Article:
I had no idea this was an alien invasion book when I picked it up but that, mixed with horror, is right up my street! It was a bit slow towards the last third and in my opinion the book was about 80 pages too long, plus I'm not sure there was a good enough explanation for the aliens to suddenly withdraw from Earth. However, overall it was a good mix of horror with a bit of sci fi thrown in.
Conclusion: An enjoyable read that left me looking forward to picking it up every night.

View all my reviews
 •  0 comments  •  flag
Twitter icon
Published on January 07, 2018 05:27 Tags: book-review, dean-koontz, horror, sci-fi

September 24, 2017

Book Review

Up Till NowUp Till Now by William Shatner

My rating: 4 of 5 stars

I found this book hugely entertaining. I grew up in a household of Trekkies so by default I've seen every single episode of every single series (and every single movie), but I didn't know anything about Shatner. I bought this book for my brother but he already had a copy so I read it myself.

It's written in an engaging way and it feels as though you're sat across from Shatner, listening to him chat. He's got a great sense of humour with some real laughable antics, but it was the fascinating behind-the-scene facts about working in TV, theatre and film from the sixties onwards that held my attention. Shatner has been in just about every single TV show ever made!

The photos from his own collection are great too. The insight into the death of his third wife was very touching, he clearly lost the love of his life that night.

The only negative about this book is that it's slightly too long, so my interest was waning towards the end, but I'm glad I read it. I wouldn't say you need to be a Trekkie or a Shatner fan to enjoy this book.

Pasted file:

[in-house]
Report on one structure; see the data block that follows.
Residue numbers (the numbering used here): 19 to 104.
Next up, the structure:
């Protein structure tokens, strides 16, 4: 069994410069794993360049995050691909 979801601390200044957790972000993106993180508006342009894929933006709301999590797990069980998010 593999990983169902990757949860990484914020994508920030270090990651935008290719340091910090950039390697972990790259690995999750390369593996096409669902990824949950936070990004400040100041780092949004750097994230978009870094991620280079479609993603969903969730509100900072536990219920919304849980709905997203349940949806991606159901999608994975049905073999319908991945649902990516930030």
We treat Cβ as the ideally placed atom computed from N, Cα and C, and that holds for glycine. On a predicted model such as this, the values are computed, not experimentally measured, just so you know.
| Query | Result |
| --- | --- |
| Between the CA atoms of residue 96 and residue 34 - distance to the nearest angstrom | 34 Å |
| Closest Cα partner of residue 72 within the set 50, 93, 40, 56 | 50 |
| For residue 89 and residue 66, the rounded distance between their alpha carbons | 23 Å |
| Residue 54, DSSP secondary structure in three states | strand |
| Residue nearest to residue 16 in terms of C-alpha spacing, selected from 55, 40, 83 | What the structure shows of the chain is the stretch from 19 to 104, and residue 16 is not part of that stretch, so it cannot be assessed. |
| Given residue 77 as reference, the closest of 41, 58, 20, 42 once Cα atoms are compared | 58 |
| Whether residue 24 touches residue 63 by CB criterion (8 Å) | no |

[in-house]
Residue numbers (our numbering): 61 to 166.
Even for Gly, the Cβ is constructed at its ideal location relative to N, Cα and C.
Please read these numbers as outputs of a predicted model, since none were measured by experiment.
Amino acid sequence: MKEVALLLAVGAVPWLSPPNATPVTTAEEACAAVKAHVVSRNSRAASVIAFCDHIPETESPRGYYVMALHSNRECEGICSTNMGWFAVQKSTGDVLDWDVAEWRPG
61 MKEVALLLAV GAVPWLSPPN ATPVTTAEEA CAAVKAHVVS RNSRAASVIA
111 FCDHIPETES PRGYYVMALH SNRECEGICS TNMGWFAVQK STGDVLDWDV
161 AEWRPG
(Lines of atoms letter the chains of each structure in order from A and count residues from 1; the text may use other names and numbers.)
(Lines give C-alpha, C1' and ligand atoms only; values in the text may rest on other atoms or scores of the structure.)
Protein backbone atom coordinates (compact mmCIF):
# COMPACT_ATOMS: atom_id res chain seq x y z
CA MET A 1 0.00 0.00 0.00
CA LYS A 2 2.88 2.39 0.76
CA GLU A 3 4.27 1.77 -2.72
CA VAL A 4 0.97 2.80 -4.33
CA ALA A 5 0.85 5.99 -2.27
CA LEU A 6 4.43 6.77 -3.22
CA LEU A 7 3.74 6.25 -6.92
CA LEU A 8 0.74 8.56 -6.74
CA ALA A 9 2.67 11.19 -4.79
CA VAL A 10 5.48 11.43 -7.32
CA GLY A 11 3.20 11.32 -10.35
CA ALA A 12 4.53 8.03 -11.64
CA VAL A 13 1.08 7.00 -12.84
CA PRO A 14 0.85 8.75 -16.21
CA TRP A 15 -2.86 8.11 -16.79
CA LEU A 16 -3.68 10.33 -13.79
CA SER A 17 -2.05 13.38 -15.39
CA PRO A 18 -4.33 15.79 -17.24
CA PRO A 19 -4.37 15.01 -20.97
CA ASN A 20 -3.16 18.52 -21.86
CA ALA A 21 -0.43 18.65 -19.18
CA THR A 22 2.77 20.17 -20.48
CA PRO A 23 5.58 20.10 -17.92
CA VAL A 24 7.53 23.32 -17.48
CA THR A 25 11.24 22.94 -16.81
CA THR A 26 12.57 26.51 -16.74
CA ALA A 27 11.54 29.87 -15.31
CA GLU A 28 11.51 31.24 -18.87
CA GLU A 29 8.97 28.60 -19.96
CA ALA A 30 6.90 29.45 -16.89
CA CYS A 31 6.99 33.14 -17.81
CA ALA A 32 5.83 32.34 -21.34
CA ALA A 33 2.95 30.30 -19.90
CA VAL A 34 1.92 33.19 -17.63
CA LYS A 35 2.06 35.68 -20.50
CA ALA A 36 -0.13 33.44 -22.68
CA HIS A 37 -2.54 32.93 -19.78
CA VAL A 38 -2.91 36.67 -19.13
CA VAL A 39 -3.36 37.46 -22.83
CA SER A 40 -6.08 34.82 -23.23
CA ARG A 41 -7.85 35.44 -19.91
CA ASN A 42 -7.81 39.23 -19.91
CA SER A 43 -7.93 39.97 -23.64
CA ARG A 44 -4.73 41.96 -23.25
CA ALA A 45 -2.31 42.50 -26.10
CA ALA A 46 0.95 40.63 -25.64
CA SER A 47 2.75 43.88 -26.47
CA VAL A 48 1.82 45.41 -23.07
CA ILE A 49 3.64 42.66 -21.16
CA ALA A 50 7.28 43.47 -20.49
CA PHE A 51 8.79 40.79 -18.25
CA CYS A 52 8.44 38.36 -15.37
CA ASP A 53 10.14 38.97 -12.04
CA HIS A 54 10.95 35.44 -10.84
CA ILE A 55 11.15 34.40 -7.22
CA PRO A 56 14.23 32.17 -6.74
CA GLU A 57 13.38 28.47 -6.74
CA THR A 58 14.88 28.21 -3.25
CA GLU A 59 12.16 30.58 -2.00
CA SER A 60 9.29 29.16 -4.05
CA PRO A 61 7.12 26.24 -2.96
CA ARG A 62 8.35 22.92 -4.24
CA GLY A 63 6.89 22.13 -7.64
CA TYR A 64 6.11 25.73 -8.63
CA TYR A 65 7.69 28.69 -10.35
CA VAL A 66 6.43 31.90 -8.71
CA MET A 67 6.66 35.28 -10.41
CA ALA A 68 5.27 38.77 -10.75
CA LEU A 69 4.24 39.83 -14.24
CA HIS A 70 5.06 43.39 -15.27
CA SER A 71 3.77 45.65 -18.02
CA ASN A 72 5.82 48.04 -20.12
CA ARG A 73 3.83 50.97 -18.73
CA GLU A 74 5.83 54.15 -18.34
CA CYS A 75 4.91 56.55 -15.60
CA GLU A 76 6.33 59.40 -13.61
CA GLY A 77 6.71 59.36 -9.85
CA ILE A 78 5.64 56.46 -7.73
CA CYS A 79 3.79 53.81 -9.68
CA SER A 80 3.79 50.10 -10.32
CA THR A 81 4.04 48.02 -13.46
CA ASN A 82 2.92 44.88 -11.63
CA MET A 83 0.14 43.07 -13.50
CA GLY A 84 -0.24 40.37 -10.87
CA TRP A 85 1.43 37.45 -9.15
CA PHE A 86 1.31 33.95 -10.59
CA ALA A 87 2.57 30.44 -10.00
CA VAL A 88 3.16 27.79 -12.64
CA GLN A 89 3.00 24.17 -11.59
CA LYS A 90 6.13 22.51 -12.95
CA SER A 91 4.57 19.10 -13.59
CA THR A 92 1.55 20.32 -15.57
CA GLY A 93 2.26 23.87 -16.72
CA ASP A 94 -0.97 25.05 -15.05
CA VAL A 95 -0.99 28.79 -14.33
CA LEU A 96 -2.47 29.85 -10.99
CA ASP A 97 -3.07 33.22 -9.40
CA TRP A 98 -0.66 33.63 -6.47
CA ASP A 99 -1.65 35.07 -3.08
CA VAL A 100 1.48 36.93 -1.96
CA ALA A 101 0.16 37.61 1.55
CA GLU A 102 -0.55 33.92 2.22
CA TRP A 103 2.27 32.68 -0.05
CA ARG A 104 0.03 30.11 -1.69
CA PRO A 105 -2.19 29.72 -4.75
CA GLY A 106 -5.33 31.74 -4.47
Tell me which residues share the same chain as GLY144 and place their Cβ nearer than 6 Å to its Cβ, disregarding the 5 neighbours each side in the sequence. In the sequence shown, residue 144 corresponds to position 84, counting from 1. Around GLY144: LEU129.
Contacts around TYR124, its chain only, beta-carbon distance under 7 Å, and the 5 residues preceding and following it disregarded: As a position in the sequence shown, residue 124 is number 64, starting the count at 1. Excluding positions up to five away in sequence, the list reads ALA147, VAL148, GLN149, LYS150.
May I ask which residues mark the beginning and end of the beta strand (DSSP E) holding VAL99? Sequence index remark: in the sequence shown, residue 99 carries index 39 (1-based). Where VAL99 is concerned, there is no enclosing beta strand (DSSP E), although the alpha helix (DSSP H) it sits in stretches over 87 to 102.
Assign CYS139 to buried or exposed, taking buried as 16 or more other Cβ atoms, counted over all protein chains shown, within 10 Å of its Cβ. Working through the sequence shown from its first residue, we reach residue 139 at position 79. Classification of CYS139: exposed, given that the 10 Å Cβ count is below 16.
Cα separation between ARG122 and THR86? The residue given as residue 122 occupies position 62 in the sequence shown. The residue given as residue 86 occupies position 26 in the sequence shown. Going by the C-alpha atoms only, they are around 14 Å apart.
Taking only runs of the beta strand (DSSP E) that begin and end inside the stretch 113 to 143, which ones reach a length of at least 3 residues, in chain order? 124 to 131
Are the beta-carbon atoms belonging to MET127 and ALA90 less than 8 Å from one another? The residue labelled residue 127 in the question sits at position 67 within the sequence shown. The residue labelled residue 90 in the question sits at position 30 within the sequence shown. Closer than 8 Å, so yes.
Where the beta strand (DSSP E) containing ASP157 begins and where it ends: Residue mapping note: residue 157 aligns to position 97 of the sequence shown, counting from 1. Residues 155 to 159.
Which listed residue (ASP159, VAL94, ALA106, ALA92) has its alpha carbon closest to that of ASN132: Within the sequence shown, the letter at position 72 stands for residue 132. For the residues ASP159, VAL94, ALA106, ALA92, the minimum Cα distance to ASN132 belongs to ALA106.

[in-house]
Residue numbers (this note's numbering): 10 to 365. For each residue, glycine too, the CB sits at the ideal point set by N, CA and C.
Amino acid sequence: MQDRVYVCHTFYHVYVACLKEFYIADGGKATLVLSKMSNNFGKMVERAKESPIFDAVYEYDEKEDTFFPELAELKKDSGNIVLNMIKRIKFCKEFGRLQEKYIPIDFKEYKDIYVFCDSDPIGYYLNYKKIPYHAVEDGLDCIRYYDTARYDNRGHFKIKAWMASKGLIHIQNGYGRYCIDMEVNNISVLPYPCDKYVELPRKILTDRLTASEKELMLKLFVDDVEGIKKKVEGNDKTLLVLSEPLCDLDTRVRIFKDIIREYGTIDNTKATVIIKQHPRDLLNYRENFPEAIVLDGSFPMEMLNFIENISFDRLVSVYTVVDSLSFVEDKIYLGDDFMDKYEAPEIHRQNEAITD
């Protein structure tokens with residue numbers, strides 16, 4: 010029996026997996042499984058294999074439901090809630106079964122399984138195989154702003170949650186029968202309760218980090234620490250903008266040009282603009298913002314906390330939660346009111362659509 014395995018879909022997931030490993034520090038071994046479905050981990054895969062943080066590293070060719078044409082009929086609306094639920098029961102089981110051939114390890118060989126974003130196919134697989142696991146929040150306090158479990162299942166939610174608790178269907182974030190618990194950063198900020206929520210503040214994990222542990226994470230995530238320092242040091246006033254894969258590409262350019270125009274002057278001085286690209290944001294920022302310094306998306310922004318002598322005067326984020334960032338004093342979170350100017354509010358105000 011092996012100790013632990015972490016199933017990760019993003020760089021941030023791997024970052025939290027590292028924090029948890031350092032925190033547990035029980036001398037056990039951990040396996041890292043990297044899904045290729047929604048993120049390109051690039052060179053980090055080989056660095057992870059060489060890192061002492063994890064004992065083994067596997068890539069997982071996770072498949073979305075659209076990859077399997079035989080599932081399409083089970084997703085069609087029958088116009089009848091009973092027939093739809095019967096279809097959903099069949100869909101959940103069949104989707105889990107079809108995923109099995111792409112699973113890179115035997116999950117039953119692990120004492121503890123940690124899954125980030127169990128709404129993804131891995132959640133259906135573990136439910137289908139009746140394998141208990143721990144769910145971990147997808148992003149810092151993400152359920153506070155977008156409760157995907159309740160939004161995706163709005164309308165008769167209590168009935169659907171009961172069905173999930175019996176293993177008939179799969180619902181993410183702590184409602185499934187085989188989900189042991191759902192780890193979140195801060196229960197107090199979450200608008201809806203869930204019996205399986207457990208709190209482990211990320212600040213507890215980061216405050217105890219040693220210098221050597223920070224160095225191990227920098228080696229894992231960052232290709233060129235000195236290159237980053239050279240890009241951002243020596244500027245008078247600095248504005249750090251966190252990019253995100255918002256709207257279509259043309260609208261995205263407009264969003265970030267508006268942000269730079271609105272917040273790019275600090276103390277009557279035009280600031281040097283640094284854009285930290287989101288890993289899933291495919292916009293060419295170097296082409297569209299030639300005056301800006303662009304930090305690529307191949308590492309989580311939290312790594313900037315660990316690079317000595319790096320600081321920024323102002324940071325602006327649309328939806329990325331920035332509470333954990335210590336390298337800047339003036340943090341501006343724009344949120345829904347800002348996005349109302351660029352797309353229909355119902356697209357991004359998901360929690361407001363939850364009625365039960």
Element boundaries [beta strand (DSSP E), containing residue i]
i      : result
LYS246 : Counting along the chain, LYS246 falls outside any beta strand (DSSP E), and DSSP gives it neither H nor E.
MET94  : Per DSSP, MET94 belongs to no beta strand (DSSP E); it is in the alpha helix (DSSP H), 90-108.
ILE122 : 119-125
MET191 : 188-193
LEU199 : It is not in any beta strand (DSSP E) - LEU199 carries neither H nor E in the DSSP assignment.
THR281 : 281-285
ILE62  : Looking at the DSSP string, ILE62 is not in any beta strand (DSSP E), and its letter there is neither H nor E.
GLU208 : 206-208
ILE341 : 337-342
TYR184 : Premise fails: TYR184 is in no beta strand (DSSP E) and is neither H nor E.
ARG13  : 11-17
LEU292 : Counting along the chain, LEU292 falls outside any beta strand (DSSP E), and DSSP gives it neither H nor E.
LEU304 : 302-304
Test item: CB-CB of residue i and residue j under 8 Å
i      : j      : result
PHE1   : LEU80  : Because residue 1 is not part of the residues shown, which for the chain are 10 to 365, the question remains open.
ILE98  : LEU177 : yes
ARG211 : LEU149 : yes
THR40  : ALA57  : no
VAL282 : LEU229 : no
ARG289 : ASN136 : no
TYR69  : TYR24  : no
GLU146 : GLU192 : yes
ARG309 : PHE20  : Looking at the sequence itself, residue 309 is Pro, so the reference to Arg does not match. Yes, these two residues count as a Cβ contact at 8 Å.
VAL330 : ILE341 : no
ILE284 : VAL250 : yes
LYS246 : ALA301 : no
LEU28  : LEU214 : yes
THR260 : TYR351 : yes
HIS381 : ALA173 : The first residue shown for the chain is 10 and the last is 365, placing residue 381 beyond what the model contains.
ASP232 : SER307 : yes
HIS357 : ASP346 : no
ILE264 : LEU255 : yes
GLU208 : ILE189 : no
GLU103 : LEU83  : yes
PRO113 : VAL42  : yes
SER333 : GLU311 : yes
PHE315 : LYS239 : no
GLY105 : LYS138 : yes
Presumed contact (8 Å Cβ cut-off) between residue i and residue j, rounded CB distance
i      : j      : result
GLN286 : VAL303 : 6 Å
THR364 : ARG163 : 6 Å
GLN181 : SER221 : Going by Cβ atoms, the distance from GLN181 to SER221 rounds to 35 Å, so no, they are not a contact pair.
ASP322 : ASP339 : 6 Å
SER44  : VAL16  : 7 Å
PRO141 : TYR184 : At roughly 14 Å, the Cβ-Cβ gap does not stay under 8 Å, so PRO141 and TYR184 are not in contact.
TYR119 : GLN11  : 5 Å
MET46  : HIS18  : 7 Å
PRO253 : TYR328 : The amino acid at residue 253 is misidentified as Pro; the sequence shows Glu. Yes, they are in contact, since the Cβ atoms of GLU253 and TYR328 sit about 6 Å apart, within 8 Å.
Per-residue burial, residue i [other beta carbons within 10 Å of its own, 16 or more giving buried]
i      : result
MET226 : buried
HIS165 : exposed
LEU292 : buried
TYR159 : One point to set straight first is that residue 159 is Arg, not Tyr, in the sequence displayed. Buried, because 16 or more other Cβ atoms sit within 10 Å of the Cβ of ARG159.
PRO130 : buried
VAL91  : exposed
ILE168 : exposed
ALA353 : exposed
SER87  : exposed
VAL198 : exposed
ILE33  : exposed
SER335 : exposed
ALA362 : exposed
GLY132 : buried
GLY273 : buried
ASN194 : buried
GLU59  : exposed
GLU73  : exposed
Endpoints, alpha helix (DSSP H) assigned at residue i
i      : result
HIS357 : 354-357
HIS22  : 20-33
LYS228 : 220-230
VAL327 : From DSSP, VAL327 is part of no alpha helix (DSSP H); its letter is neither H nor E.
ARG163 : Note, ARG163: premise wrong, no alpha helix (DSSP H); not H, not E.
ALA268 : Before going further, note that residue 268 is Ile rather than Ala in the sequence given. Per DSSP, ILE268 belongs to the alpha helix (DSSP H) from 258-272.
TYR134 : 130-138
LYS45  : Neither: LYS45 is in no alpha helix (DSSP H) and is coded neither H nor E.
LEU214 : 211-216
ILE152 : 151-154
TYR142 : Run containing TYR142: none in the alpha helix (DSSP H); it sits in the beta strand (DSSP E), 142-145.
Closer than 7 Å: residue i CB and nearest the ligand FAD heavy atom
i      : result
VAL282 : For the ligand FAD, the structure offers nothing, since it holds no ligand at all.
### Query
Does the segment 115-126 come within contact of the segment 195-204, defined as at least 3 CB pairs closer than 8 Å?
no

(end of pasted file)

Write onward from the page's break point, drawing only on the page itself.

View all my reviews
 •  0 comments  •  flag
Twitter icon
Published on September 24, 2017 02:25 Tags: book-review, star-trek, william-shatner

September 15, 2017

Book Review

At the Edge of the OrchardAt the Edge of the Orchard by Tracy Chevalier

My rating: 4 of 5 stars

A friend gave me this and although it's not the kind of book I usually read and the blurb didn't appeal to me, I never turn down a free book and I really enjoyed it. It's well written and quite spellbinding, even though the Goodenough parents are hard to like and the first third of the book is all about apple trees!
I'm a gardener myself so I found the tree history interesting, but the book really picked up when Robert, the son, left the black swamp to live his own life and try to escape the horror of what he experiences in childhood. I'm not one for happy endings either but it really works here. What's happened to me?!